• If the above does not apply, or if the material was posted by you or your colleagues rather than by a user, you will need to respond differently as outlined below.

4. Review the situation and the facts

Once you have a sense of why the correspondence was sent, write down everything you know about the situation, including: when you received the correspondence, the nature of your actions that triggered the sender’s letter, and any relevant interactions you’ve had with the sender. However, if the sender sues you for not complying with her letter, you may have to provide this summary, so keep to the facts only and don’t include your opinions about the situation. The act of making the summary is valuable for you to evaluate your position and figure out your next steps because everything is fresh in your mind and later you may forget certain events; it will also help to focus your conversation with a lawyer (should you wish to consult with one) or be a good starting point for your own legal research; and finally, as you write, you may start to get a sense of the claim’s validity.

5. Determine how best to proceed.

In the course of your research and fact gathering, you will probably come to one of three conclusions:

The law protects your activity: Go ahead and draft a letter or email back to the sender explaining why you think your actions are appropriate. Stand your ground, but be polite as abrasive language is likely to result in inflaming the recipient and making the situation worse. Explain to the threatening party that you will be adding the sender’s letter or email to the CMLP Legal Threats Database--and do so! It often helps to ask someone you trust to review and edit your letter before you send it.

The law does not protect your activity: If you determine that your activity is not legally defensible, stop it immediately and do not wait for the sender to file a lawsuit against you. In many cases, if you do not cease the activity you may be found to have “knowingly” or “willfully” violated the sender’s rights, which will likely result in larger damages or penalties. Do not ignore the threat on the assumption that no one would sue you because you don't have a lot of financial assets, as recent changes to bankruptcy laws may leave you vulnerable. Oftentimes, acquiescing to a legitimate request will make the threat go away. However, if the sender demands payment of some kind, we strongly advise you to review the section on Finding Legal Help.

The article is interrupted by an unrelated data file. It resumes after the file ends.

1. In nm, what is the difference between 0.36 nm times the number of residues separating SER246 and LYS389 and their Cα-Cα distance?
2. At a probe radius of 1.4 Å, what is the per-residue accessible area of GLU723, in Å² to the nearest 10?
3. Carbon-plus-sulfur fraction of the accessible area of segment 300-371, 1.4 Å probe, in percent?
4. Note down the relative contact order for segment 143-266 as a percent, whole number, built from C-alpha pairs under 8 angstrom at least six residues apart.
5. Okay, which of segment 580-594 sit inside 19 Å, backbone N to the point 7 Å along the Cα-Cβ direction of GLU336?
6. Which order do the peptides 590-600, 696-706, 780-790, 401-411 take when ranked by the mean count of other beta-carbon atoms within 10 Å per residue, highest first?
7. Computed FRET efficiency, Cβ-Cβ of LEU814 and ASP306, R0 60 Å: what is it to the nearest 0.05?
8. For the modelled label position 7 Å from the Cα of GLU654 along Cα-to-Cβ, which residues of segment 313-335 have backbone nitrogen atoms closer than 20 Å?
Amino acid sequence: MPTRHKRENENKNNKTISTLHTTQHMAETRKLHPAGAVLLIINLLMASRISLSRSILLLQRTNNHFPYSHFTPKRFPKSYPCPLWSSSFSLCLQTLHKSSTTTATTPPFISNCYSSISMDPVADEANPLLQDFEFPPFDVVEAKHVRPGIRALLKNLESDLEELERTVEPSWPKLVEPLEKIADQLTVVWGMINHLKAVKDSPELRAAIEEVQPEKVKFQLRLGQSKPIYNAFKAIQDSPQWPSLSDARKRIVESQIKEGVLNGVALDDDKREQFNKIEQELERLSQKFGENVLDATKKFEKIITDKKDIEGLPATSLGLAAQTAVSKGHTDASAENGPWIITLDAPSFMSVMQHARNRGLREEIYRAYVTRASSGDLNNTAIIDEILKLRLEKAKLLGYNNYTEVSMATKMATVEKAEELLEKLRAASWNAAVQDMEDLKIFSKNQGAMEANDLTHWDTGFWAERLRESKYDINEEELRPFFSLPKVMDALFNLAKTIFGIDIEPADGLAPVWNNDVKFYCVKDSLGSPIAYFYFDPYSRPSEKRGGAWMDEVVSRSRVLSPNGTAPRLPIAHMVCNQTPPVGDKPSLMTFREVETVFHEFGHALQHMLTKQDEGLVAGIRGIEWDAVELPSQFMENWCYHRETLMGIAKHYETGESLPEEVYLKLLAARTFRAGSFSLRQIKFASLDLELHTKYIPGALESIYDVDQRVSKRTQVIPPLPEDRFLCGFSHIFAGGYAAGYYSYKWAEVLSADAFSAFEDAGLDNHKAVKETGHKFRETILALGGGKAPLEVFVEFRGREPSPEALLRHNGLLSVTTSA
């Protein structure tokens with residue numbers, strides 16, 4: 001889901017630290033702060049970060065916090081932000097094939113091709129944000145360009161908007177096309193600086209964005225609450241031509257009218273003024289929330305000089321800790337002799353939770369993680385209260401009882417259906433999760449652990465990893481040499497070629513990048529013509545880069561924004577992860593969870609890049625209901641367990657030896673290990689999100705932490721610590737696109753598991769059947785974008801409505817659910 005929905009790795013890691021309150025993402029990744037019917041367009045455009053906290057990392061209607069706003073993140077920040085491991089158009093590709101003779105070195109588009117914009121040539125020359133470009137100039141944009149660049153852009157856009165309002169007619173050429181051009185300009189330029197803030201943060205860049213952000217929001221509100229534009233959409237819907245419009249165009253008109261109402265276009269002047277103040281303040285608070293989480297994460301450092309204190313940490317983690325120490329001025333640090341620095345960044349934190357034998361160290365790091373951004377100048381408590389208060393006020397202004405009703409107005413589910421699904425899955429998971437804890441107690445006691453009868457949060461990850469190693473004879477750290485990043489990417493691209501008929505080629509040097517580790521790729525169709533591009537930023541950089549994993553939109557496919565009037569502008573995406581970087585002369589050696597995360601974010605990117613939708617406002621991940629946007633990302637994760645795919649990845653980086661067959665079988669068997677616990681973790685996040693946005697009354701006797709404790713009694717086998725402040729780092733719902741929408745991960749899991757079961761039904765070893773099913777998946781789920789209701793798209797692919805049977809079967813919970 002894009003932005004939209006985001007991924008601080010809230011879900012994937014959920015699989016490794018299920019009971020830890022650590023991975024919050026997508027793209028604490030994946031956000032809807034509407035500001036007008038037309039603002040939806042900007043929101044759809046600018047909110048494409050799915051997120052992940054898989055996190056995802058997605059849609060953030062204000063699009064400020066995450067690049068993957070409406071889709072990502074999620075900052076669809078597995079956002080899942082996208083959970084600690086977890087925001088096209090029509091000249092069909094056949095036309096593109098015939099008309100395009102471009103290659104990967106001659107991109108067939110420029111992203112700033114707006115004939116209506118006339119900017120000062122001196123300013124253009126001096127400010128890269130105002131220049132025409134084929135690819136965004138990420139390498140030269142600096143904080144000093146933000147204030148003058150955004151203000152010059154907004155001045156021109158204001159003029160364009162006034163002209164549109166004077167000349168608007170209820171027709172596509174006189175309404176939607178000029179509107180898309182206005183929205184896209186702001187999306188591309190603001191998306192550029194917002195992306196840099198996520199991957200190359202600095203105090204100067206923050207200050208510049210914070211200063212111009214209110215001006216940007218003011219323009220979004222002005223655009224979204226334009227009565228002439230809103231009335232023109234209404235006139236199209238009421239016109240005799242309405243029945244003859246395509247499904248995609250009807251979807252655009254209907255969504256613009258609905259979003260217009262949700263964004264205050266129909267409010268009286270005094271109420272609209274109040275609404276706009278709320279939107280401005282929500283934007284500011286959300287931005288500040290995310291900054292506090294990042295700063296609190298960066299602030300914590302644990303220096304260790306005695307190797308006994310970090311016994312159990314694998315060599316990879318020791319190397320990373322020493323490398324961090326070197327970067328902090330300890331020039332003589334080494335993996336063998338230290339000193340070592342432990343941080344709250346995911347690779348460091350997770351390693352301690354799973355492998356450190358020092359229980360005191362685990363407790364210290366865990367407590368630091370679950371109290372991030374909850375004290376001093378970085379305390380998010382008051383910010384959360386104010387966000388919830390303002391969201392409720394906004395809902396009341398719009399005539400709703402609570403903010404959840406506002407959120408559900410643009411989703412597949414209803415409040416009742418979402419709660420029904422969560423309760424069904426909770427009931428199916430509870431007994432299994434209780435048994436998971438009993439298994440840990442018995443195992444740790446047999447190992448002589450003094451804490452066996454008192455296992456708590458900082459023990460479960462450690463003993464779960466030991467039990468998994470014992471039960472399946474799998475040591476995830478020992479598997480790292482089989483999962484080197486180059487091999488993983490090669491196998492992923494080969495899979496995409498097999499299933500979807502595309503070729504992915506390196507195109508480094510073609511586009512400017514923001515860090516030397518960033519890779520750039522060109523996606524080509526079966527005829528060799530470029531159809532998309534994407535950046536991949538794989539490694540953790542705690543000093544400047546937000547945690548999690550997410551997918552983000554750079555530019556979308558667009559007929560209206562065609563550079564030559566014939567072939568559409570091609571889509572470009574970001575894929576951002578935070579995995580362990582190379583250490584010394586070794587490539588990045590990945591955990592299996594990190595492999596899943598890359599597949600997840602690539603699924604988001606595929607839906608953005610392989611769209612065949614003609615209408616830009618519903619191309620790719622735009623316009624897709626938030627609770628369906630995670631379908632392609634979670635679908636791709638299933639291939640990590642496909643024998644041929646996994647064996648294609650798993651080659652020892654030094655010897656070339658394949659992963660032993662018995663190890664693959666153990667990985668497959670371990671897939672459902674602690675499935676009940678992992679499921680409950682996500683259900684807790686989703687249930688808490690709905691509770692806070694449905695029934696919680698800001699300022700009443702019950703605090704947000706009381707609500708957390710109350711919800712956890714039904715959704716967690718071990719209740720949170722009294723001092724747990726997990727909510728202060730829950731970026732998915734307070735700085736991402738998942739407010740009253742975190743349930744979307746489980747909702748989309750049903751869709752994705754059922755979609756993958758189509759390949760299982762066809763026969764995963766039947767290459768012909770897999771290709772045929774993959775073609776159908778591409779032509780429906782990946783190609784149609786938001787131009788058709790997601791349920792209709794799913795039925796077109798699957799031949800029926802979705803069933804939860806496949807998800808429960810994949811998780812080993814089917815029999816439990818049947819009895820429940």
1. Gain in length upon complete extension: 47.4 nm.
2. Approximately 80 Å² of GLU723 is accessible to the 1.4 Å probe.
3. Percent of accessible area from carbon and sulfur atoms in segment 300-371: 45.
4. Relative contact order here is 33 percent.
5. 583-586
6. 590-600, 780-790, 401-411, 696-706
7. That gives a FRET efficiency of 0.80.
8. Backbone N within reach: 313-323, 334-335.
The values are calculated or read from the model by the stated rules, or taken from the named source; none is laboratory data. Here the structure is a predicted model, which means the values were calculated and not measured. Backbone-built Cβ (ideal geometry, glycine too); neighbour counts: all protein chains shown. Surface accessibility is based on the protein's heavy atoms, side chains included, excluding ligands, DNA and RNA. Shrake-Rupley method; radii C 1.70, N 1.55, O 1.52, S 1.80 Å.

You just can’t tell what the law says: Don't be surprised if you are unable to determine what course of action to take. If you have already requested clarification from the sender and are still unable to determine whether their legal claims are valid, you should review the section on Finding Legal Help for additional guidance.

6. Consider whether you should notify your insurance company that you have received a legal threat.

You may be covered by insurance if you are found to be financially liable for your online activities. Consult the section on Insurance for more information.

7. Add the sender’s letter or email to the CMLP Legal Threats Database.

This is an important action because creating an entry in the Legal Threats Database will help others who receive similar letters know that they are not alone and assist them in weighing their options regarding how to respond. You will also allow the CMLP to track who is sending legal threats and make it possible for our lawyers to help others in a similar position.

 

 

Last updated on January 30th, 2008